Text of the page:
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Hackers Really Love to Attack Medical Devices

Report says "overwhelming majority of medical devices deployed within medical facilities are susceptible in varying degrees." And there's an important reason why, too.

Nancy Crotti

Hackers

MEDJACK 2: It sounds like a movie title, but it's all too real.

A new report on hospital data breaches reveals that hackers are now increasingly targeting medical devices that use legacy operating systems with known vulnerabilities.

The second annual report by TrapX Security, MEDJACK 2 explains how attackers have evolved, disguising sophisticated attacks within old malware wrappers to invade hospital networks, steal sensitive patient data, and sell it on the black market.

The company based last year's report on three simulated cyberattacks to show how vulnerable hospitals and medical devices were. This year, it reported on three hospital case studies of actual attacks detected between late 2015 and early 2016. The attacks contained numerous backdoors and botnet connections, giving remote access for hackers to launch their attacks, and went undetected for months.

Attend a roundtable discussion about cybersecurity, compliance, and patient privacy at the MD&M Minneapolis conference and expo, September 21-22, 2016.

Windows 7 and later versions had eliminated the vulnerabilities that the old malware used by these hackers sought to exploit, so the worm was free to seek out older versions of Windows used by some medical devices, which usually do not have endpoint security systems, the report says. The hackers apparently repackaged and embedded new, highly sophisticated tools and camouflaged them within the old worm.

"Attackers are intentionally moving to old variants of attack vectors to specifically target medical devices knowing they have no additional security protections," the security company says in its report. "The malware propagated by the attacker(s) was never detected by any endpoint security software."

The report lists North American hospitals that had cyberattacks 2016. Hacked devices included systems used in radiation oncology, respiratory gating, fluoroscopy, picture archiving and communication, and x-rays.

Hospitals do not install software within the medical devices for technical and liability reasons, the report says.

"Tampering with an FDA-approved device might impact operation in some unknown way," it adds. "No clinician or healthcare institution administrator wants to take on that risk."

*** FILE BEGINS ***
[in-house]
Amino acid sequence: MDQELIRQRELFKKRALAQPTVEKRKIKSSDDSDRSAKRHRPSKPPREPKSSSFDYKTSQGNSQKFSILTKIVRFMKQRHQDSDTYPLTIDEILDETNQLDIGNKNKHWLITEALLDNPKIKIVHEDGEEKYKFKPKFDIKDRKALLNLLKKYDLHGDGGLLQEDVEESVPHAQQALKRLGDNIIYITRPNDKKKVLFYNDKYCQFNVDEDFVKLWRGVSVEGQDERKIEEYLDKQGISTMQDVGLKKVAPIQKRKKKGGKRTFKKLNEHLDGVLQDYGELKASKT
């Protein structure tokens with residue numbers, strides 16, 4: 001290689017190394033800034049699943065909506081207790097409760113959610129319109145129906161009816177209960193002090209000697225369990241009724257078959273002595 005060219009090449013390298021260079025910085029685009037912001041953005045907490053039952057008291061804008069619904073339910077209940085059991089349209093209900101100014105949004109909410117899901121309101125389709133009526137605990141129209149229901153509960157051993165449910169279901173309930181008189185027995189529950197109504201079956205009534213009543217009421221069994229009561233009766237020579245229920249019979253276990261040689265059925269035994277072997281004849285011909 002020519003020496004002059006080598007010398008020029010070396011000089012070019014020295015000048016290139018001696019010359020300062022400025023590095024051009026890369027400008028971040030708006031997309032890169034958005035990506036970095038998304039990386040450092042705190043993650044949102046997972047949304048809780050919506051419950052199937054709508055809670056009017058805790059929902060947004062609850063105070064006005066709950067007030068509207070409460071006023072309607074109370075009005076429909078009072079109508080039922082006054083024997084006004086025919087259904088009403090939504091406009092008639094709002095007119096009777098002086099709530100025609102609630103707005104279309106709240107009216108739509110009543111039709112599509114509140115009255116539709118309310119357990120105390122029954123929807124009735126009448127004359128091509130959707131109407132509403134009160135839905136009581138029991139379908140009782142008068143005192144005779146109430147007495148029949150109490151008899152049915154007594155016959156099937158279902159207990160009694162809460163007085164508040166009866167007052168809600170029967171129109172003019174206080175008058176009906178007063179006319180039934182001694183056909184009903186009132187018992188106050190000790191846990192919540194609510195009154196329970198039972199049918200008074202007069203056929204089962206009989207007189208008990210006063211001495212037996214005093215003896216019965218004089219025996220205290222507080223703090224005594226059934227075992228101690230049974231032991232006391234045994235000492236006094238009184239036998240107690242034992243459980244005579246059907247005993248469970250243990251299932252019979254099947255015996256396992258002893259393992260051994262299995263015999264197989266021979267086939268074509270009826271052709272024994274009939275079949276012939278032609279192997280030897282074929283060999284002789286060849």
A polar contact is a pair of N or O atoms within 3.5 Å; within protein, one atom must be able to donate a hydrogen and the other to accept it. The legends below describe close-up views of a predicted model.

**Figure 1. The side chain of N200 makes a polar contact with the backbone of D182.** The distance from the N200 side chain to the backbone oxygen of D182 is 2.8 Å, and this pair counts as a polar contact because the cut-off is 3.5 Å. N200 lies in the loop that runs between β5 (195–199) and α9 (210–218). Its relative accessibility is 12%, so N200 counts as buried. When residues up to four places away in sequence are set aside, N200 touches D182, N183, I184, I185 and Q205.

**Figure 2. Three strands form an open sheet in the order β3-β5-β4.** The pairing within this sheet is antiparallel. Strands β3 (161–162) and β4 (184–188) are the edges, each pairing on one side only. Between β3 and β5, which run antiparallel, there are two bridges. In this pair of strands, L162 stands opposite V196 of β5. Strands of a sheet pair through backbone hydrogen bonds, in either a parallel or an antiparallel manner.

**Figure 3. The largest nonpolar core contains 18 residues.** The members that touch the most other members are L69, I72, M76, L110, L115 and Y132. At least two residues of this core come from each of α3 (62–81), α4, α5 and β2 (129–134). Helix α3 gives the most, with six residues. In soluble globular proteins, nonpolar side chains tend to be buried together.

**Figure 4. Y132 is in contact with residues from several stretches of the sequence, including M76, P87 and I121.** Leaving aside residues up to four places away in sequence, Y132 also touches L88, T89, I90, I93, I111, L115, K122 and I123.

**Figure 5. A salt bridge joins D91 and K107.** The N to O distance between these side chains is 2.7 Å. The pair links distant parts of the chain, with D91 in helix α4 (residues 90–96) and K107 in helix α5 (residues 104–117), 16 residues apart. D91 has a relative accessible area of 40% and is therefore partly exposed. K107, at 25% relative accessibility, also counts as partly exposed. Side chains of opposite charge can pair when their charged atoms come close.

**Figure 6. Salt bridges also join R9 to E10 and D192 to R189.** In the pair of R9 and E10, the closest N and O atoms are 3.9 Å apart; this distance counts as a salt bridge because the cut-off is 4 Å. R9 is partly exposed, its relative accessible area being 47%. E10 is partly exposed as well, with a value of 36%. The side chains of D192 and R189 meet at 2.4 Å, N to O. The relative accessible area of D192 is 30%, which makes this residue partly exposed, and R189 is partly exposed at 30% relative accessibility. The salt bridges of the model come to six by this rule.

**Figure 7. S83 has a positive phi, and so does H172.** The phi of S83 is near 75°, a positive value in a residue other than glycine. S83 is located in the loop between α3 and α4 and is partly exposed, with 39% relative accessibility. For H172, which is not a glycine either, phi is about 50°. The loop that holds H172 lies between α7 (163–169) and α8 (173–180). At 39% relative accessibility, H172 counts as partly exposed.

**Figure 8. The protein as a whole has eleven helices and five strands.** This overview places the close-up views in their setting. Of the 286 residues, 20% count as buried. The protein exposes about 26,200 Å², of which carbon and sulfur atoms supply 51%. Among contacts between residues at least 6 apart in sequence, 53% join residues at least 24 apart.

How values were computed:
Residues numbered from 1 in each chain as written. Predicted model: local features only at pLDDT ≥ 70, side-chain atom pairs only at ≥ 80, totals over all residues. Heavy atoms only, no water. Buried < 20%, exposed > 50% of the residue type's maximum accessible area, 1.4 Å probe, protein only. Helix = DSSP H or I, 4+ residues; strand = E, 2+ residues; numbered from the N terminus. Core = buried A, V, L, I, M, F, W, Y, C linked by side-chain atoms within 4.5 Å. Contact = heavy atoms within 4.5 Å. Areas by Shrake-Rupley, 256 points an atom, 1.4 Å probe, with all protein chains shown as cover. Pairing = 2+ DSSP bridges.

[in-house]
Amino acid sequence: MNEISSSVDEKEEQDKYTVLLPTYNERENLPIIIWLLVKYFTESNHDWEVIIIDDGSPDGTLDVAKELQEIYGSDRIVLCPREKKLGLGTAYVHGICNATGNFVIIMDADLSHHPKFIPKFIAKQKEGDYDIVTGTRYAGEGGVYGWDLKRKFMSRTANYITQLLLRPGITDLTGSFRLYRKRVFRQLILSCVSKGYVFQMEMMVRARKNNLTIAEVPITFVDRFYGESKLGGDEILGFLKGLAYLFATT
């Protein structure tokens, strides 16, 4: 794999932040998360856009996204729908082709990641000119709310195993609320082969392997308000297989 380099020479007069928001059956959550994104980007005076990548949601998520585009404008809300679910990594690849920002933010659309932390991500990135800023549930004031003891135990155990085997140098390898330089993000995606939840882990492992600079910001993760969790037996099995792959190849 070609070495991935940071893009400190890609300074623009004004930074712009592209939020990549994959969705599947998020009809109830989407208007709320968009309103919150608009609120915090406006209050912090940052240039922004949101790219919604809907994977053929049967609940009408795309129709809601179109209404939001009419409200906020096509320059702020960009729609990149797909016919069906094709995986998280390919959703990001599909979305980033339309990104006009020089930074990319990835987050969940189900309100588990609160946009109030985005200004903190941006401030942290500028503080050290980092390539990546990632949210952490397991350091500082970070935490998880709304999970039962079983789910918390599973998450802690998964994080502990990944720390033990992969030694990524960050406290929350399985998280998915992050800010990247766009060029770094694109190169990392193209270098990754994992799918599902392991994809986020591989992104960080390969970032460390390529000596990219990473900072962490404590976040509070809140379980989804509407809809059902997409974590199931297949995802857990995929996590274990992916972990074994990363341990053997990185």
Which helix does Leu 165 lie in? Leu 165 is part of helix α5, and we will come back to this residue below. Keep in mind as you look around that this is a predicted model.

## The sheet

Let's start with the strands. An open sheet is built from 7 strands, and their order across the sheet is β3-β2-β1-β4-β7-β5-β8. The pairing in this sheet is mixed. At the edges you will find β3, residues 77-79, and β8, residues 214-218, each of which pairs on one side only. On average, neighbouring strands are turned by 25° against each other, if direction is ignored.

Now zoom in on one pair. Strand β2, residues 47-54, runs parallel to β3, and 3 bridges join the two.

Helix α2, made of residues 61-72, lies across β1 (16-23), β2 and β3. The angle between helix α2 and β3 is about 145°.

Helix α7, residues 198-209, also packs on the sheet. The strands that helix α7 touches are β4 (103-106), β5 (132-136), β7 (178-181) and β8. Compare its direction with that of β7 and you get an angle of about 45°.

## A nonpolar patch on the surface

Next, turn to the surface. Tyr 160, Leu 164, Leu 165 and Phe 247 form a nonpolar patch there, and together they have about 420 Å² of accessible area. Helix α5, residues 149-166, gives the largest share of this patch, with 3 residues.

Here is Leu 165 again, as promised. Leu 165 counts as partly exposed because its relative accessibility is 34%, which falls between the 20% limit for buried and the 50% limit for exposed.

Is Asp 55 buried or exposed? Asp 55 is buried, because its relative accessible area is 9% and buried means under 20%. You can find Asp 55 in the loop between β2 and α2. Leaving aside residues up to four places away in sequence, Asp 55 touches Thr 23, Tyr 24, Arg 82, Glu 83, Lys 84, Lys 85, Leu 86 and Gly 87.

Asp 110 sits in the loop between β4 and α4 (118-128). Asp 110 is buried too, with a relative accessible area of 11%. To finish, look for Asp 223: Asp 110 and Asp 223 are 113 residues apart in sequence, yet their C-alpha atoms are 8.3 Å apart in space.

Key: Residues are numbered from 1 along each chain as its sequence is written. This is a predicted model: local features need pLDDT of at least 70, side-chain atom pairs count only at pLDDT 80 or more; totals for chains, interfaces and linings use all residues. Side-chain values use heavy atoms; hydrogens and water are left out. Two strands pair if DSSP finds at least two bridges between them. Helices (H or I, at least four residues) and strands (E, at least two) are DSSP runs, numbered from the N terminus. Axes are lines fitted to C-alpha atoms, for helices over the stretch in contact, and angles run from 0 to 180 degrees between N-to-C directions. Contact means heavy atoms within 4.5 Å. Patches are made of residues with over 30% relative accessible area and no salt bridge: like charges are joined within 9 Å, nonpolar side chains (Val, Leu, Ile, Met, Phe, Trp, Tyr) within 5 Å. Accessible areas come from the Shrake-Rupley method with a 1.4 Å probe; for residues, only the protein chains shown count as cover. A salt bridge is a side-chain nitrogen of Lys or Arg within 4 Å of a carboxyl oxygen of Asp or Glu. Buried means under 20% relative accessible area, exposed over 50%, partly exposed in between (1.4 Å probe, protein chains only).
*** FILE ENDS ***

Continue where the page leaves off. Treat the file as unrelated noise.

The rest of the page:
Healthcare is now the most frequently attacked industry, beating out financial services, retail, and other industries, according to the 2016 Cyber Security Intelligence Index report by IBM. Healthcare organizations are struggling to keep pace with the number and sophistication of the attacks, TrapX added.

The company recommended that healthcare organizations implement strategies that review and remediate existing medical devices, better manage medical device end-of-life, and carefully limit access to medical devices.

In January, FDA issued an updated draft guidance for OEMs developing and building medical devices, recommending that device manufacturers take a number of important steps:

  • Apply the 2014 National Institute of Standards and Technology Framework for Improving Critical Infrastructure Cybersecurity;
  • Monitor cybersecurity information sources to identify and detect vulnerabilities and risk;
  • Understand, assess, and detect the presence and impact of a vulnerability;
  • Establish and communicate processes for vulnerability intake and handling;
  • Clearly define essential clinical performance to develop mitigation tools that protect, respond to, and recover from the cybersecurity risk;
  • Adopt a coordinated vulnerability disclosure policy and practice; and
  • Deploy mitigation tools that address cybersecurity risk early and prior to exploitation.

Nancy Crotti is a contributor to Qmed.

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[Sinister hands on keybord image by User:Colin / Wikimedia Commons, CC BY-SA 4.0]

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